Puerto Rico Church Leaves UCC Over Gay Policies

CLEVELAND (AP) – The United Church of Christ announced that an assembly of one of its regional units, the United Evangelical Church of Puerto Rico, voted by 75 percent to leave the denomination due to its liberal policies on homosexuality.

The Rev. John Thomas, president of the 1.3 million-member United Church, said "theological differences" had worsened for years, especially "regarding the membership and ministry of gay, lesbian, bisexual, and transgender Christians." The end came when last year's United Church synod endorsed same-sex marriage.

Prior to the Puerto Rico decision, the United Church reported that 49 U.S. congregations had quit over the same-sex marriage decision, though dissenters count at least 77. Protesting congregations that didn't quit have formed Faithful and Welcoming Churches, which confers July 2-4 in Grove City, Ohio.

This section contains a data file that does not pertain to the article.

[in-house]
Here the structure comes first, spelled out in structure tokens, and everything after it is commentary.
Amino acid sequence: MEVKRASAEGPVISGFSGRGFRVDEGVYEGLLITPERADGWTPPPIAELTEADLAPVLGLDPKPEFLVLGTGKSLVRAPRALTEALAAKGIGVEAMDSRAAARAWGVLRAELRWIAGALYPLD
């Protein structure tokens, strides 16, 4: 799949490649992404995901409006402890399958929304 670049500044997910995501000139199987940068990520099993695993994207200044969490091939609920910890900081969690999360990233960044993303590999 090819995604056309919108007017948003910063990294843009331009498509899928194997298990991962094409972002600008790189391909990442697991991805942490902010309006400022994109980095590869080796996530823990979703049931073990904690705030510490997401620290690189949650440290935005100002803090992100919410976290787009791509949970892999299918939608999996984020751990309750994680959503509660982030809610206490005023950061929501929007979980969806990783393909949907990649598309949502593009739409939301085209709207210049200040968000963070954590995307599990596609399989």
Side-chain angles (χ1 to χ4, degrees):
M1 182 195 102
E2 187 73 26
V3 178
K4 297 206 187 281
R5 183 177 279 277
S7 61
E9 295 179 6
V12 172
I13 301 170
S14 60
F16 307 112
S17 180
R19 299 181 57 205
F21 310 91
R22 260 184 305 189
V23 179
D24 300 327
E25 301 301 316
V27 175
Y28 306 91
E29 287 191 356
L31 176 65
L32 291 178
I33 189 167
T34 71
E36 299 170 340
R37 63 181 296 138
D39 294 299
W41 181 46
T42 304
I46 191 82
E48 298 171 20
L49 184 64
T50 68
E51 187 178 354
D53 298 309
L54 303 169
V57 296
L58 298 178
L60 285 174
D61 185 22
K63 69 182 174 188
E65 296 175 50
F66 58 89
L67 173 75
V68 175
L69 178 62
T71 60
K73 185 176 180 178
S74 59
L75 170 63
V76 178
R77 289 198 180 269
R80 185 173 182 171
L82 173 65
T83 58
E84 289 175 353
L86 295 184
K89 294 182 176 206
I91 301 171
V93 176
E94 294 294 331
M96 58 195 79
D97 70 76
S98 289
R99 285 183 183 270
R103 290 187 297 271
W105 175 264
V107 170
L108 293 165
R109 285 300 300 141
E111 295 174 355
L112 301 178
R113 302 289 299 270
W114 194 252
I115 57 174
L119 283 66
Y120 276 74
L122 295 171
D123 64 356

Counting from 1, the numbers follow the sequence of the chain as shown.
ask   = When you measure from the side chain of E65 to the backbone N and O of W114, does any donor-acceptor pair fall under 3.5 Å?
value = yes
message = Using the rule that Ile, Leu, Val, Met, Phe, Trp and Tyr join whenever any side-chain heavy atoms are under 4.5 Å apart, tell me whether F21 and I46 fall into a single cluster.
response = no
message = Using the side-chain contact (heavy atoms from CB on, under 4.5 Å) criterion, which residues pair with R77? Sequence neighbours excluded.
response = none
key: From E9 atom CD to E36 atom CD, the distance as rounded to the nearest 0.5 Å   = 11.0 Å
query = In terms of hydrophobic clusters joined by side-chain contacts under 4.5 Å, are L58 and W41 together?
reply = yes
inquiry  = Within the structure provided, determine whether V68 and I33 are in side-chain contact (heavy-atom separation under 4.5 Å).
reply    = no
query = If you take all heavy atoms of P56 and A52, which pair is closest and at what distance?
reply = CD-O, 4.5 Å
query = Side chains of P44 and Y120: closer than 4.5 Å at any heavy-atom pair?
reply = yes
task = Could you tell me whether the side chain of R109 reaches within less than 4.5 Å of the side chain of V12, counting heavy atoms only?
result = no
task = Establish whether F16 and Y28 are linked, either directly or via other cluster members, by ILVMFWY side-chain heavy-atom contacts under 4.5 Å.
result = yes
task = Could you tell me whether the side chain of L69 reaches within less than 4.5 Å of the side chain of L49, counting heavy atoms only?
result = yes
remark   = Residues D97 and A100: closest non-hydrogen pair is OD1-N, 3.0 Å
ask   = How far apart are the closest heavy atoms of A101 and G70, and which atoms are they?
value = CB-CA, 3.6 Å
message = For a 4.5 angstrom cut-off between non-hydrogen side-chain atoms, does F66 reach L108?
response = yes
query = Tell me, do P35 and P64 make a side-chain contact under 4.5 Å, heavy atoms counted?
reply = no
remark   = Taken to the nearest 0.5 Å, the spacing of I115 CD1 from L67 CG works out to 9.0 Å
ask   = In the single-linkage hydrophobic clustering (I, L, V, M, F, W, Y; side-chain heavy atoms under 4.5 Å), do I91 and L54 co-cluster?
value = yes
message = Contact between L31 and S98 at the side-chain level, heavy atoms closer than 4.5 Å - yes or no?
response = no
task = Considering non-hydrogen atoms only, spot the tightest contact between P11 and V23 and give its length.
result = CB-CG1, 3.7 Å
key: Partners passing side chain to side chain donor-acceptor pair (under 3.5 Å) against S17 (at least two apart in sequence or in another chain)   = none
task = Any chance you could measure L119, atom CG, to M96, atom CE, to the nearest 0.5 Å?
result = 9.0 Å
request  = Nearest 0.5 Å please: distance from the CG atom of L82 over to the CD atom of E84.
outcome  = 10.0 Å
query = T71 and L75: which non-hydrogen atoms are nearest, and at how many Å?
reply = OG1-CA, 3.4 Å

Thomas said the Puerto Ricans' vote was "deeply painful and profoundly disappointing" but individual congregations there could retain United Church ties.

The Puerto Rico group originated with U.S. missionary work in the late 19th century and organized in 1931 as both a separate denomination and a regional unit within what became the United Church.

Copyright ⓒ 2006 The Associated Press. All rights reserved. The information contained in the AP News report may not be published, broadcast, rewritten or redistributed without the prior written authority of The Associated Press.

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